NFL cancer survivors are opponents in Super Bowl

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NFL cancer survivors are opponents in Super Bowl

INDIANAPOLIS, Indiana - There can only be one winner in Sunday’s Super Bowl, but for two opposing players, a bigger battle has already been won - victory over cancer.

New York Giants linebacker Mark Herzlich and New England Patriots offensive lineman Marcus Cannon have both had to deal with life-threatening illness and came through their treatment to achieve their sporting dream, a place in the biggest game in American sports.

After an outstanding season for Boston College, Herzlich was diagnosed in May 2009 with Ewing’s sarcoma, a rare form of cancer affecting bone and soft tissue.

He underwent a six-month course of chemotherapy and radiation and also needed surgery and a titanium rod inserted into his leg, which remains in place to strengthen his bone.

The linebacker said his aim of making it in the National Football League motivated him through the arduous treatment.

“Playing football again was the goal, and that really pushed me. After six hours of chemotherapy you’re sitting there and your body just feels drained,” he said. “You don’t want to move, but I said ‘I am going to be playing football again in eight months, so I need to go and workout. I need to go ride a bike, get some cardio in.’?”

Herzlich said he made a highlights video of his 2008 season to keep him motivated.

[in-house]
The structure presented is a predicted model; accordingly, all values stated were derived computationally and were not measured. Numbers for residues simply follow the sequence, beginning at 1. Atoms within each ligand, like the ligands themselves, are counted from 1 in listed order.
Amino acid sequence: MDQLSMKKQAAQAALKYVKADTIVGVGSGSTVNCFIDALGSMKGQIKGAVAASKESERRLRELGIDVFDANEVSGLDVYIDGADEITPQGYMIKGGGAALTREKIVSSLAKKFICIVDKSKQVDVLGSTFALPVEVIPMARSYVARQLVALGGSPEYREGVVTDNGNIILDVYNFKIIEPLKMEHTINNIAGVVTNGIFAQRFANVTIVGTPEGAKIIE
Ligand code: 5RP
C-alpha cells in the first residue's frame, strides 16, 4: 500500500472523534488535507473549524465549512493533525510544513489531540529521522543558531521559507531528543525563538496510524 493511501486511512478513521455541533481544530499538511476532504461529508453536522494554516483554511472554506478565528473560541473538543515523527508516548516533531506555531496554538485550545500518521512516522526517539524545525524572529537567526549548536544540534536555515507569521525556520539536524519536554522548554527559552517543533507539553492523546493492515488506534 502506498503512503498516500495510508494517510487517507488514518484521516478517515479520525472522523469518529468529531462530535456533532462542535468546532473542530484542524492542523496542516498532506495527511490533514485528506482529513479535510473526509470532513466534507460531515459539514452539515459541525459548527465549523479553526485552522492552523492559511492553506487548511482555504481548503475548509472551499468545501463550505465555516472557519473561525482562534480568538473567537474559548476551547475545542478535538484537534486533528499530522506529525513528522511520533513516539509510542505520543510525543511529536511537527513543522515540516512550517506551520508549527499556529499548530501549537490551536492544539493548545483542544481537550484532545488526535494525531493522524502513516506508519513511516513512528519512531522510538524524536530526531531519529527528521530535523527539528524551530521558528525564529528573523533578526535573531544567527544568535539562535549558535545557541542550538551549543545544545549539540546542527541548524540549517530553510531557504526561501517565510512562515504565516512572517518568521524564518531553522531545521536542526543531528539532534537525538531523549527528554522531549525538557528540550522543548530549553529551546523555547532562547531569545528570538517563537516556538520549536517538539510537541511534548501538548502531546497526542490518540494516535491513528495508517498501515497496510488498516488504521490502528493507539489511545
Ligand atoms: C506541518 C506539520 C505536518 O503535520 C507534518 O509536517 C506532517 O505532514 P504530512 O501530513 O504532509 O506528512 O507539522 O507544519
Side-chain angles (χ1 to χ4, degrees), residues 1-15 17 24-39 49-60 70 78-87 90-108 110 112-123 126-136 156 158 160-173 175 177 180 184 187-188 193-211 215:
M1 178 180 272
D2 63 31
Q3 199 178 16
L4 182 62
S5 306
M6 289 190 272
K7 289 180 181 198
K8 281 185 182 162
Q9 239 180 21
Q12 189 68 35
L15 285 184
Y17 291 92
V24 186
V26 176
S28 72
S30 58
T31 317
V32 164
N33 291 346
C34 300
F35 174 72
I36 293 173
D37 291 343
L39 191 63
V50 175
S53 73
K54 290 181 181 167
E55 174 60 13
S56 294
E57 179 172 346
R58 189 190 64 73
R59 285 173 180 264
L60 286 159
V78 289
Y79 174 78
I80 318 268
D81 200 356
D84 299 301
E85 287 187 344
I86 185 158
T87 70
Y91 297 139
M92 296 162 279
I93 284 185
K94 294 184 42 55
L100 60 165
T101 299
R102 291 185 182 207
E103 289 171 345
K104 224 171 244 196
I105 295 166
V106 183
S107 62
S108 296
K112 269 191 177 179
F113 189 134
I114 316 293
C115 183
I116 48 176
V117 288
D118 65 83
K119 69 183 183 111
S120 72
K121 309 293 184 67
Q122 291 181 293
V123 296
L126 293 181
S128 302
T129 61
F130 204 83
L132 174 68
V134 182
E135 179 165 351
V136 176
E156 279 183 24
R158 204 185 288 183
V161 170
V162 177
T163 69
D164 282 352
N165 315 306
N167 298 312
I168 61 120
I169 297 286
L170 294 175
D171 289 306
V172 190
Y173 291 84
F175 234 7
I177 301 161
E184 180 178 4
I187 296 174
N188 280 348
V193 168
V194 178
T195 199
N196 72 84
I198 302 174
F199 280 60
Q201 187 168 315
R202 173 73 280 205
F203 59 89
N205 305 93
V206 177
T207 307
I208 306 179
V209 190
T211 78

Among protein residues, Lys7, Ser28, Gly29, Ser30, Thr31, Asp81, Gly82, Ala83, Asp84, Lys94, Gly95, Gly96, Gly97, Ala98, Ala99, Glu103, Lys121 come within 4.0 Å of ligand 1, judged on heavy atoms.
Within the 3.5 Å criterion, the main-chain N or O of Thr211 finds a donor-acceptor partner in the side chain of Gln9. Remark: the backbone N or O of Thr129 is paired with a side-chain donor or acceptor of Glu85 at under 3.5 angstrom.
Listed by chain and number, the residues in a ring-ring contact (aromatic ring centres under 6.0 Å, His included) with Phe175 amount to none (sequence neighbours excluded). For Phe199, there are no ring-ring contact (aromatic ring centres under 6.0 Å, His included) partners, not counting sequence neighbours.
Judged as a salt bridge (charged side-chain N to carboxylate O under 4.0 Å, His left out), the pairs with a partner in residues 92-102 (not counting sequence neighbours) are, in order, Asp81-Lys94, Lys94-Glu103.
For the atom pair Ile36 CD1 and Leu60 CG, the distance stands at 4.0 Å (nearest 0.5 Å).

“I would put that on in the chemo room and watch it over and over again just to see myself succeeding,” he said.

“The physical pain was intense. The pain that I would get in my leg and my lower back felt like knives being stabbed into my legs. The pain coming after the surgery where I had to get the scar tissue kind of kneaded out with massage and stuff was probably the worst pain I have ever been in because they had to actually tear the muscle off the bone and tear the scar tissue away. I was screaming on the massage table,” Herzlich said.

Cannon’s treatment for non-Hodgkins lymphoma was less painful, but going through chemotherapy inevitably weakened him.

“I still had faith I was going to get into the NFL. I didn’t know if I was going to get drafted or not, but I still believed I would play in the league,” he told Reuters. “I was blessed not to get all the side effects that so many other people get.”

Cannon entered the draft, but his illness pushed him down the list. Nonetheless, the Patriots took him in round five with the 138th pick.

After missing training camp and the early part of the season due to his treatment, Cannon was finally activated in week 10 of the season and was part of the team that beat the Baltimore Ravens in the AFC Conference game two weeks ago to secure a Super Bowl spot.

“The confetti was coming down, and I sat there thinking ‘How am I supposed to feel?’ It’s hard to take all of this in,” he said.

Herzlich returned to college football in 2010. The Giants picked him up as an undrafted free agent in July, and he plated in 11 games this season.

Herzlich said his doctors played a perfect game but knows he has won one of the toughest challenges anyone can face. Reuters
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